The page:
Novelist Rosalie Metro writing in The American Scholar about what it’s like to experience whiteness as a Syrian in America and its opposite as a Syrian in Germany: “My grandfather worked six and a half days a week for decades to make sure his children had a firm foothold in the white middle class. He was proud of his Syrian heritage, but he didn’t let it limit his children. . . . But when people pull themselves up by their bootstraps, there’s often someone they’re stepping on.”
I really enjoyed this War on Cars conversation with Michael Hobbes (co-host of the popular podcasts You’re Wrong About and Maintenance Phase) for the way they dive in deep to pick apart moral panics and the ways in which journalists/media outlets frame stories to push a reaction when there’s no there-there.
The infrastructure bill that the U.S. Congress passed is disappointingly heavy on perpetuating car dependence in America, but it does have quite a lot of money for walking, biking, and other multi-modal transportation. The Rails-to-Trails Coalition has a pretty good breakdown. If you’re in the U.S. and involved or want to be involved in walkable/bikeable communities, this is essential information, especially if you want to advocate for active transportation use of discretionary funds.
As someone with generally low energy who could probably be happy sitting in a chair drinking tea and reading books all day every day, I found Nick Paumgarten’s New Yorker piece on energy really interesting, though a little frustrating in the threads it left hanging, especially at the end (if you found yourself high in energy after spending quality time walking and conversing with a good friend, wouldn’t you want to go look into research on connection/relationships/loneliness/walking and mental health? There’s a lot of it!). I also found it weird that he kept mentioning his drinking habits but never went into the ample research on alcohol’s effects on the REM cycle. I’ve definitely seen a difference in sleep quality when drinking vs. not drinking. But also, for all the life hacking devices Paumgarten experiments with, what about looking into the ways that modern life is just fundamentally exhausting?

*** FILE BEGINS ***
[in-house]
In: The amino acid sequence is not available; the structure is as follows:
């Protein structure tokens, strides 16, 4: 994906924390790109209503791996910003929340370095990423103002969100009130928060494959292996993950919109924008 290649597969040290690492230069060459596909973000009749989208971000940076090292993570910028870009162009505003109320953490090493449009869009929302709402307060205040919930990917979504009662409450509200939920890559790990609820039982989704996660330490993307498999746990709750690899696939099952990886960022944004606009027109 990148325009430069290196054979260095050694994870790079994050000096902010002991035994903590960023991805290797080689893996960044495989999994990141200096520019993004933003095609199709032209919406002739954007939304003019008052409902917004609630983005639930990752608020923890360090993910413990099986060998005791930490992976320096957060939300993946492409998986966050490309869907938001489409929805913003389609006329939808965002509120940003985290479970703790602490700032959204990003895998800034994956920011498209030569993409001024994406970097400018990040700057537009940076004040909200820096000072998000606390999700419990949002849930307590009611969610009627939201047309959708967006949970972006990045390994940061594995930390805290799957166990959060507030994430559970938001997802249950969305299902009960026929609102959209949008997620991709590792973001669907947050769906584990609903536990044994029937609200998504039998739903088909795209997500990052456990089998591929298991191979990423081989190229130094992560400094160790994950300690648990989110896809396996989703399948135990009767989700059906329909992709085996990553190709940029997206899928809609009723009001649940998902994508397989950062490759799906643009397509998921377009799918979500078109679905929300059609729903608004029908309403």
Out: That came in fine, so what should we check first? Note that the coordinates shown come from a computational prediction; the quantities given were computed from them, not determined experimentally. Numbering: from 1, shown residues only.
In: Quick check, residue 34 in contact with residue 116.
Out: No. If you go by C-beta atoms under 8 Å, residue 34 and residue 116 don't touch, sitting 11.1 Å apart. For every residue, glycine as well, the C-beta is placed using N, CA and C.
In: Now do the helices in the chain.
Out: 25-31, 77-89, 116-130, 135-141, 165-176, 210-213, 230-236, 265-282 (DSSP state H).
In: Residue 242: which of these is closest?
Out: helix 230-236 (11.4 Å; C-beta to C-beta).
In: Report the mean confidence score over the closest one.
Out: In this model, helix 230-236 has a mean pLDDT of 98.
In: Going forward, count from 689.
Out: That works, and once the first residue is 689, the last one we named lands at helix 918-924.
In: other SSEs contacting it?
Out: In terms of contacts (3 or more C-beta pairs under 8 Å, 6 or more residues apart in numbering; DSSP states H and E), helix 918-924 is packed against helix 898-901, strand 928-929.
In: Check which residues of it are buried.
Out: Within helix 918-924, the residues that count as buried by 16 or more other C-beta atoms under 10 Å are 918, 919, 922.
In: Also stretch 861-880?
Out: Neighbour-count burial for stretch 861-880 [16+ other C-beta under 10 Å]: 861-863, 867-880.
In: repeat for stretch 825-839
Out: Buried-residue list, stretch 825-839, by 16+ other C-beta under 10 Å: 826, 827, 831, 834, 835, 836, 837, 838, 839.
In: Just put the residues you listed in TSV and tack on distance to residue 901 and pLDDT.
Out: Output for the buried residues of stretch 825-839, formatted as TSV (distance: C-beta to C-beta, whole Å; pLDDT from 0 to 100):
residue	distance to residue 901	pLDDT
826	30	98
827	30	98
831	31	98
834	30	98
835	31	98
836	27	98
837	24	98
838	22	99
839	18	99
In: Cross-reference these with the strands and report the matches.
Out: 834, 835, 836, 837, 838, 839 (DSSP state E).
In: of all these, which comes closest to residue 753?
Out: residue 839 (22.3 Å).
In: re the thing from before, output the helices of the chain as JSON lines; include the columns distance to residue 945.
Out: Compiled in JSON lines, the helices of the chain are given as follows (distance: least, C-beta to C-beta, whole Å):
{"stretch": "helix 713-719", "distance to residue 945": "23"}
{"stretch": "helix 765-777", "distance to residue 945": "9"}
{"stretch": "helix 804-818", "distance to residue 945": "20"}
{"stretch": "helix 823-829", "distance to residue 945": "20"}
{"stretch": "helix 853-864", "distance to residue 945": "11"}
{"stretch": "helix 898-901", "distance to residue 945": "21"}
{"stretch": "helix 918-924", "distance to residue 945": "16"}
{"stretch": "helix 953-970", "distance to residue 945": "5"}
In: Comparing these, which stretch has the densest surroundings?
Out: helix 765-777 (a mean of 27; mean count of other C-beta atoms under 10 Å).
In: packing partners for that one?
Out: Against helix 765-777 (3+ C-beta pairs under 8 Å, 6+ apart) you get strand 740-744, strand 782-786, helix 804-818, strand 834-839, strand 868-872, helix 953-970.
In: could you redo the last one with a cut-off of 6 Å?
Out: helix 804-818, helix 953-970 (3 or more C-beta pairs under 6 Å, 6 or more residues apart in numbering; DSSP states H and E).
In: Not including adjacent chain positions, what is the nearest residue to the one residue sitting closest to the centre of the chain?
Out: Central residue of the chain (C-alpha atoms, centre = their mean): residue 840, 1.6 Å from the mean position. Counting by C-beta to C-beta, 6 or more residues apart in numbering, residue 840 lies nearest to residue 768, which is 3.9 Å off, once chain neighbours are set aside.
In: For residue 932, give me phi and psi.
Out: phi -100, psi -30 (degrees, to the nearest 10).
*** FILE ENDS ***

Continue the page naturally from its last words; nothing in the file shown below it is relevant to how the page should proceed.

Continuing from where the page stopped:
I just started reading Patrick Wyman’s book The Verge, about the years 1490-1530 and how they shape our present, so Karla Mallette’s essay in Psyche on how 12th-century Genoese merchants invented risk was very timely. (I’d never thought about risk payments being a workaround for Christian and Islamic laws that forbade earning interest on loans.)
I found this Aeon essay on the six narratives of globalization and what we get wrong about them a bit confusing at first (the use of fox and hedgehog methods of interpreting information eludes me), but overall it’s clear and makes sense of the different understandings of globalization and what we might be missing if we’re using one narrative while an interlocutor is coming from another, not to mention how we build our own trust in sources: “Our survey of competing hedgehog narratives suggests that the debate’s centre of gravity is shifting away from the old establishment consensus in at least two respects: questions of distribution, both within and between countries, are increasingly central; and noneconomic values, whether environmental, social or security-related, are increasingly qualifying or outweighing a primary focus on efficiency and growth.”
A subscriber sent me this fantastic interview on the Econtalk podcast with law professors Michael Heller and James Salzman on their new book Mine! How the Hidden Rules of Ownership Control Our Lives. I loved how they started with the example of an airline seat: You have purchased your seat, and the person in front of you has purchased theirs, so who owns the space in between—the person who wants to work on their laptop (or keep their knees intact), or the person who wants to recline their seat? Ownership, they keep reiterating, is a story we tell ourselves. I couldn’t agree more.
I loved this Scotland Outdoors interview with author Baz Nichols on neglected landscapes: “Very often when I walk, particularly in a remote or bleak place, I willfully get lost. And by getting lost you go off the maps and can find rich pickings creatively, and spiritually.” Yes, please.